Finding God's presence in everyday work

There’s a conspiracy underfoot when it comes to housework.

I’ve noticed how the dust motes sneak up on me and hurl themselves at the dresser right after I’ve finished dusting. As for the bathroom sink, I’m fairly certain it’s in cahoots with the mirror, since they both refuse to stay shiny for more than a day.

It’s the same with the car. Every so often, I go on a tear and wash our old jalopy. And then, the moment I’m done, I invariably spot a mockingbird strategically perched on a limb right above the car. A second later, wham! The car is decorated with droppings.

So many hours of our lives are spent in these humble, repetitive tasks. We cook a lovely meal and it’s eaten in minutes. We empty the dishwasher and then immediately refill it. We scrub the floor and then Rover ambles in with muddy paws. And out comes the mop again.

How often we lament that we lack time for more important things because we’re on a treadmill of working, shopping and cooking. Sometimes it seems we don’t even have time to pray.

Here’s the good news: God can be found in the humdrum activities of life. There’s a wonderful book about just this discovery called “The Practice of the Presence of God.”

There, Brother Lawrence, a 17th century monk, relates how he felt close to God every moment. Even when he was peeling carrots, dicing potatoes and stirring soup in the monastery kitchen. His secret is simply this: He did everything out of love for God. This means saying to God as you’re vacuuming the floor: “Lord, I offer you this work as my prayer for today.” And Brother Lawrence assures us that we needn’t speak very loudly. After all, he says, God is “nearer to us than we are aware of.”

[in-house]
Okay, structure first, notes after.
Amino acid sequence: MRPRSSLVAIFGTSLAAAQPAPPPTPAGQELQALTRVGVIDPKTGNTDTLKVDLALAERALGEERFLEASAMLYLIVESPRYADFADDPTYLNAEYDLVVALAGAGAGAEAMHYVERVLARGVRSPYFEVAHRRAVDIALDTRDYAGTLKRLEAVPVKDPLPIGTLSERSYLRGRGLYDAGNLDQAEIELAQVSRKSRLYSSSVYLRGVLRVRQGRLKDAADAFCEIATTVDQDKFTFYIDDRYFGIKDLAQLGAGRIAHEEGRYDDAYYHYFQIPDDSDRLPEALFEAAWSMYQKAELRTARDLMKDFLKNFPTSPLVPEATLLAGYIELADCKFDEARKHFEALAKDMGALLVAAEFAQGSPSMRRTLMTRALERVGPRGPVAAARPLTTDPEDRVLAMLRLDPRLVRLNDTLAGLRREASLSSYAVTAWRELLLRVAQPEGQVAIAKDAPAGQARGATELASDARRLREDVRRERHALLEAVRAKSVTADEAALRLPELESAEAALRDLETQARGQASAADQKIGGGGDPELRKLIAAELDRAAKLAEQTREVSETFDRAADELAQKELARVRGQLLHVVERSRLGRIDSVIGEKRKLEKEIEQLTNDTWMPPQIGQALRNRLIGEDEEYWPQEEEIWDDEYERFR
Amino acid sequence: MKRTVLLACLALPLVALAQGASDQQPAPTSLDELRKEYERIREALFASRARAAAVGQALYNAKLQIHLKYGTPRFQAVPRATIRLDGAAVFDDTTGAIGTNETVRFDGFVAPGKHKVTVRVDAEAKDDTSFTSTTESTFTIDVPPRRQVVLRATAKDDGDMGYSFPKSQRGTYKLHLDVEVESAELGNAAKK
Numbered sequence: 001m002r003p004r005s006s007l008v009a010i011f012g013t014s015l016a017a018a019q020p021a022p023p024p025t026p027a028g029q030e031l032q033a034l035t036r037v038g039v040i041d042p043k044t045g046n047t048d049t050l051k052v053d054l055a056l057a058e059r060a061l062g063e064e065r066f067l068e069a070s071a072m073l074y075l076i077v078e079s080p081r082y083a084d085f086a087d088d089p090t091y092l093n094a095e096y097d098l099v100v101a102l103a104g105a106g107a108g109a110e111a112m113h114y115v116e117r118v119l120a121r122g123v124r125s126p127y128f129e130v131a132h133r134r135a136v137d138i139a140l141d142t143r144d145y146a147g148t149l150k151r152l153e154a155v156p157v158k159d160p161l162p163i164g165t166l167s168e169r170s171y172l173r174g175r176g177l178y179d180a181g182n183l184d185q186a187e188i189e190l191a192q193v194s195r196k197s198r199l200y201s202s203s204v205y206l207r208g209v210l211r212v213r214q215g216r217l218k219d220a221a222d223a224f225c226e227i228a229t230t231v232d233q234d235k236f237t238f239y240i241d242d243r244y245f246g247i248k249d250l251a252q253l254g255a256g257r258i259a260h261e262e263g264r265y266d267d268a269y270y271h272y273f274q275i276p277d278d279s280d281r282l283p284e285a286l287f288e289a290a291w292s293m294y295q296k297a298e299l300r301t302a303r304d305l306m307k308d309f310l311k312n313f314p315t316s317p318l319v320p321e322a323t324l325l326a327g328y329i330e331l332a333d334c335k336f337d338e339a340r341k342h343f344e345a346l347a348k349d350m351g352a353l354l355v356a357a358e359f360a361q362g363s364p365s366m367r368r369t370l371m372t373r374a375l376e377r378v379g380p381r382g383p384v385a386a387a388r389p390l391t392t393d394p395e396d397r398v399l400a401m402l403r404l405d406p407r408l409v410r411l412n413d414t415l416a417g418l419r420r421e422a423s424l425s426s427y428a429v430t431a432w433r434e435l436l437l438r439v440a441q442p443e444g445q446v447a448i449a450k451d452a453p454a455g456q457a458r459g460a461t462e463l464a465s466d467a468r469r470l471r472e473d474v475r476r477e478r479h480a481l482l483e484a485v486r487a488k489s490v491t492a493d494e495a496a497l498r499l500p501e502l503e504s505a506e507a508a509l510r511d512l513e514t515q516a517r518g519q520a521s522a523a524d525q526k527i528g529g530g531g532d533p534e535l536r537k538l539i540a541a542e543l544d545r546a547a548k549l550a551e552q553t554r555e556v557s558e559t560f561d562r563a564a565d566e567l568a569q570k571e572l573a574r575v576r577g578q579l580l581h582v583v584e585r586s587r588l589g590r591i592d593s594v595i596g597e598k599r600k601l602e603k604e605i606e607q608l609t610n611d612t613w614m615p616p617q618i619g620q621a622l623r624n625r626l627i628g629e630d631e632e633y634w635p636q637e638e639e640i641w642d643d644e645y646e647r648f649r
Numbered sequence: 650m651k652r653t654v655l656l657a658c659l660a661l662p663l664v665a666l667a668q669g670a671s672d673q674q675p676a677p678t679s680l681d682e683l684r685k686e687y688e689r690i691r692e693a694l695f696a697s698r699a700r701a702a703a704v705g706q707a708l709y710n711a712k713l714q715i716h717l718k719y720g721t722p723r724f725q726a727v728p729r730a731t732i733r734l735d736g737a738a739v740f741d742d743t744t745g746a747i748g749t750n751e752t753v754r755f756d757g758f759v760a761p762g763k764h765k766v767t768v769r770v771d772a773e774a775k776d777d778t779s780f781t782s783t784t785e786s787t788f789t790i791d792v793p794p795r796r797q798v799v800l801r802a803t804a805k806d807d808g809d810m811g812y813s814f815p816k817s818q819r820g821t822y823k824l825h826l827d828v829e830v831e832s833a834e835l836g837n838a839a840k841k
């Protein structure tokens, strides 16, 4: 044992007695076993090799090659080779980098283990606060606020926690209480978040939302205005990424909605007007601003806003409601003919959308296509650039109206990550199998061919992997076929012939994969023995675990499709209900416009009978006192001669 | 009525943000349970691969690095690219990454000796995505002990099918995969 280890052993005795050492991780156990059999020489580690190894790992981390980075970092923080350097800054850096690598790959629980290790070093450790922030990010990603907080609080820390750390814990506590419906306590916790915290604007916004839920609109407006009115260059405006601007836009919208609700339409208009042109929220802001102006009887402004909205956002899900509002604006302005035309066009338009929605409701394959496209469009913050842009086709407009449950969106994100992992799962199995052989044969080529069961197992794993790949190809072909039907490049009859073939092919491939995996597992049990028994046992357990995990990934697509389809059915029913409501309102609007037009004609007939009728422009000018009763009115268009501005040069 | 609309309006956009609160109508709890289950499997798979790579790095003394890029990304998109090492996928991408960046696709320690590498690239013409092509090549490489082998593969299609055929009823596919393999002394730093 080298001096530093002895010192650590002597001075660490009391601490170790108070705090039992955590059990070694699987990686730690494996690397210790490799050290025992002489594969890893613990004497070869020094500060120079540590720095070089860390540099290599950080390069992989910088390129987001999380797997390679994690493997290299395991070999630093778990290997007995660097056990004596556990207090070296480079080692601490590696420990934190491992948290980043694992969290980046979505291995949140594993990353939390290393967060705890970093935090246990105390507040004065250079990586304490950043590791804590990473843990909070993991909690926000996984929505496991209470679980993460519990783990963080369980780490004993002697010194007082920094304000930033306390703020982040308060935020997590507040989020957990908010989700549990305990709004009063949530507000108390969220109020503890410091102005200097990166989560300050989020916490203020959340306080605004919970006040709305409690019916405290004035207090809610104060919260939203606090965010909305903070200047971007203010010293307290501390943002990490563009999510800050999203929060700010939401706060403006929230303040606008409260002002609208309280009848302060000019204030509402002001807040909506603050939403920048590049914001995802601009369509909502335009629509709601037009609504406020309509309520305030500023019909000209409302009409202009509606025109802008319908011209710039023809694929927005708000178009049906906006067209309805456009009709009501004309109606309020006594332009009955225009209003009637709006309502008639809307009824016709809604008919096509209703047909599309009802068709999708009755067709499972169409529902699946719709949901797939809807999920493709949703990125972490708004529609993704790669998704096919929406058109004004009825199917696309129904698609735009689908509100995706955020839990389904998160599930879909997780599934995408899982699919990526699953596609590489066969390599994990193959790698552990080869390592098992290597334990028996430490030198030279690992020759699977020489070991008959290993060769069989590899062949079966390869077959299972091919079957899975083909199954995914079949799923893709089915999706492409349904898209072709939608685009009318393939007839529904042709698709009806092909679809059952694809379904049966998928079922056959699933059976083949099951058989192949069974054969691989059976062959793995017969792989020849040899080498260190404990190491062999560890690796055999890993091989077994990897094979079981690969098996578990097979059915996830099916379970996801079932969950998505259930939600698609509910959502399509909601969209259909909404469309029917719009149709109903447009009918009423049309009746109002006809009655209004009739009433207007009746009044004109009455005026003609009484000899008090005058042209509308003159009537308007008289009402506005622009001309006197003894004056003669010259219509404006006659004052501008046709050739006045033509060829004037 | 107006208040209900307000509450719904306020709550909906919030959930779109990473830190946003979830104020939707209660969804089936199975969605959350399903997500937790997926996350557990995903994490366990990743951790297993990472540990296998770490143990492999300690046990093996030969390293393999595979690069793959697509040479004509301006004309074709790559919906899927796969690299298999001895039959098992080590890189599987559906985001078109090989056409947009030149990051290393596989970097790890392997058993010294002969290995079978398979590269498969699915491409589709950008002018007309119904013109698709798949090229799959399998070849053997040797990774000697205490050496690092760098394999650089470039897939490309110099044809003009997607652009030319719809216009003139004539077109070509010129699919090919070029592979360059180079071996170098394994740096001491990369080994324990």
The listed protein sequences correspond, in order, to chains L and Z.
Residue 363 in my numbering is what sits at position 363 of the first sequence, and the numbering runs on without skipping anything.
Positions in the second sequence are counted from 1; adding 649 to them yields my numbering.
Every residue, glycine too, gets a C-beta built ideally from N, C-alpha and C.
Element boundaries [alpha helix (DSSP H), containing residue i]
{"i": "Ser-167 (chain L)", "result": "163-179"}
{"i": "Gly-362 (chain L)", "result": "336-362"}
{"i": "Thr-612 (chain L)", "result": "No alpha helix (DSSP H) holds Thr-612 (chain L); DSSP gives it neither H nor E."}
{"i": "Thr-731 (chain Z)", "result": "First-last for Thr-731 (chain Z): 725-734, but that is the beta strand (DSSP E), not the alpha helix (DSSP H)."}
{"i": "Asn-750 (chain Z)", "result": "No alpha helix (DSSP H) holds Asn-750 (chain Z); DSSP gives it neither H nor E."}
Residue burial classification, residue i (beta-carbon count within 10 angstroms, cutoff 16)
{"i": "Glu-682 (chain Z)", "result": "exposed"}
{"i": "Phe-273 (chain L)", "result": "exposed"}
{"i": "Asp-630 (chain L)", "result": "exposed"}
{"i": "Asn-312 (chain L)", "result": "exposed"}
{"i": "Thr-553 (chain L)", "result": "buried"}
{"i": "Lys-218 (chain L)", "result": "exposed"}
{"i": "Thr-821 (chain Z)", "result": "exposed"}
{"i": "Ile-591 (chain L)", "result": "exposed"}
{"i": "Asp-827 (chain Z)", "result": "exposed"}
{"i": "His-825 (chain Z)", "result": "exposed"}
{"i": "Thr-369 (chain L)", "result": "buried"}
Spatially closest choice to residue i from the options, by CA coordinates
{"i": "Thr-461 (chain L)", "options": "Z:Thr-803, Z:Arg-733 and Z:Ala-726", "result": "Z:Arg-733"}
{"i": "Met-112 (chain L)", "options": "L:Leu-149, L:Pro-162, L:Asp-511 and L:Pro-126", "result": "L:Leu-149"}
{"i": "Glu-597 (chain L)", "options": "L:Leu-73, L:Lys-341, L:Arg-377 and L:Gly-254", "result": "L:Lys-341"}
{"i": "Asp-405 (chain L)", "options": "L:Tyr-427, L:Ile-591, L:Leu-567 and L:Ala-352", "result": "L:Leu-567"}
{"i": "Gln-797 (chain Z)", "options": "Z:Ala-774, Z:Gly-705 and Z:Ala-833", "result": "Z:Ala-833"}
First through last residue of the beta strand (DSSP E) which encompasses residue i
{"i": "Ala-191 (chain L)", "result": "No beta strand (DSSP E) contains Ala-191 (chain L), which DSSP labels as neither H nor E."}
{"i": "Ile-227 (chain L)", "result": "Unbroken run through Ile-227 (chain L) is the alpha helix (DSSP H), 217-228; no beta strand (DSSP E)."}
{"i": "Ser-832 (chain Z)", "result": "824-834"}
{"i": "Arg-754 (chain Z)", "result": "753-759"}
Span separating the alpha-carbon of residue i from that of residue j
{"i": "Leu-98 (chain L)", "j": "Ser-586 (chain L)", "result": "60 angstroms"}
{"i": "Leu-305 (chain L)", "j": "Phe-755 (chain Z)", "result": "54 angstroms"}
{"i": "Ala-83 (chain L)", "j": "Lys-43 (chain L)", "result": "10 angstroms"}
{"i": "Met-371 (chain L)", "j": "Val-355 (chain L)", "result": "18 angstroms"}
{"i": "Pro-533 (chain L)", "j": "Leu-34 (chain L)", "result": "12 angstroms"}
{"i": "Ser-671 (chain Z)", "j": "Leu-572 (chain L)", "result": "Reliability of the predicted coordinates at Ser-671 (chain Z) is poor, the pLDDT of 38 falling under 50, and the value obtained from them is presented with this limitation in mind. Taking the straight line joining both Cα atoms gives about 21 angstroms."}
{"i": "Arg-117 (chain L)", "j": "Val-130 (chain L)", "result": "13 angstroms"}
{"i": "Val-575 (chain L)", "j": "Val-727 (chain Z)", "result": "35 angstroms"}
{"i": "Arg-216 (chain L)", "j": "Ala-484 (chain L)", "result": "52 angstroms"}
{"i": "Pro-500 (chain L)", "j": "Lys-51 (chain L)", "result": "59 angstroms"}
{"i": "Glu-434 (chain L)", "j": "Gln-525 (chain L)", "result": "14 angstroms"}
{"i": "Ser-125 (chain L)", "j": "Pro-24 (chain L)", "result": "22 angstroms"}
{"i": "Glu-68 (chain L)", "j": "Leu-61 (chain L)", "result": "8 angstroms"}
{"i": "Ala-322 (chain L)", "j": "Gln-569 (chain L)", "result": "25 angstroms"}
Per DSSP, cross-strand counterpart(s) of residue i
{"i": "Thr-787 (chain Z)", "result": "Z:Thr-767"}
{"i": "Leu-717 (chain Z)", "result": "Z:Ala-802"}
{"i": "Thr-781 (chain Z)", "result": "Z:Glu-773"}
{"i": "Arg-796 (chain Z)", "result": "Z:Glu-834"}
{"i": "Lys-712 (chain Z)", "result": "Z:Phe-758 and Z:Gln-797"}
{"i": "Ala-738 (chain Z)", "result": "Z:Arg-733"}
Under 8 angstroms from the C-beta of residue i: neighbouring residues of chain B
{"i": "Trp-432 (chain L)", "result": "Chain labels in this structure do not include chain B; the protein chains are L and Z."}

It’s easy to believe that God is reserved only for special times at church or for bedtime prayers. The rest of the day we may tend to ignore him, as if he had somehow disappeared from our lives. But no matter what work we do all day -- whether it’s planting petunias, teaching teenagers or selling shoes -- we can include him in it.

It doesn’t take special talent to connect with God as we do our daily work. We simply have to turn our hearts to him each moment. We can ask his blessing on the memo we’re writing for the boss. Or the cake we’re baking for a friend.

And we can also ask him to help us keep our sense of humor. Especially when the mockingbird makes a direct hit on that freshly polished car.

Lorraine's latest books are "The Abbess of Andalusia," a spiritual biography of Flannery O'Connor, and "Death in the Choir," a mystery set in Decatur. Her e-mail address is lorrainevmurray@yahoo.com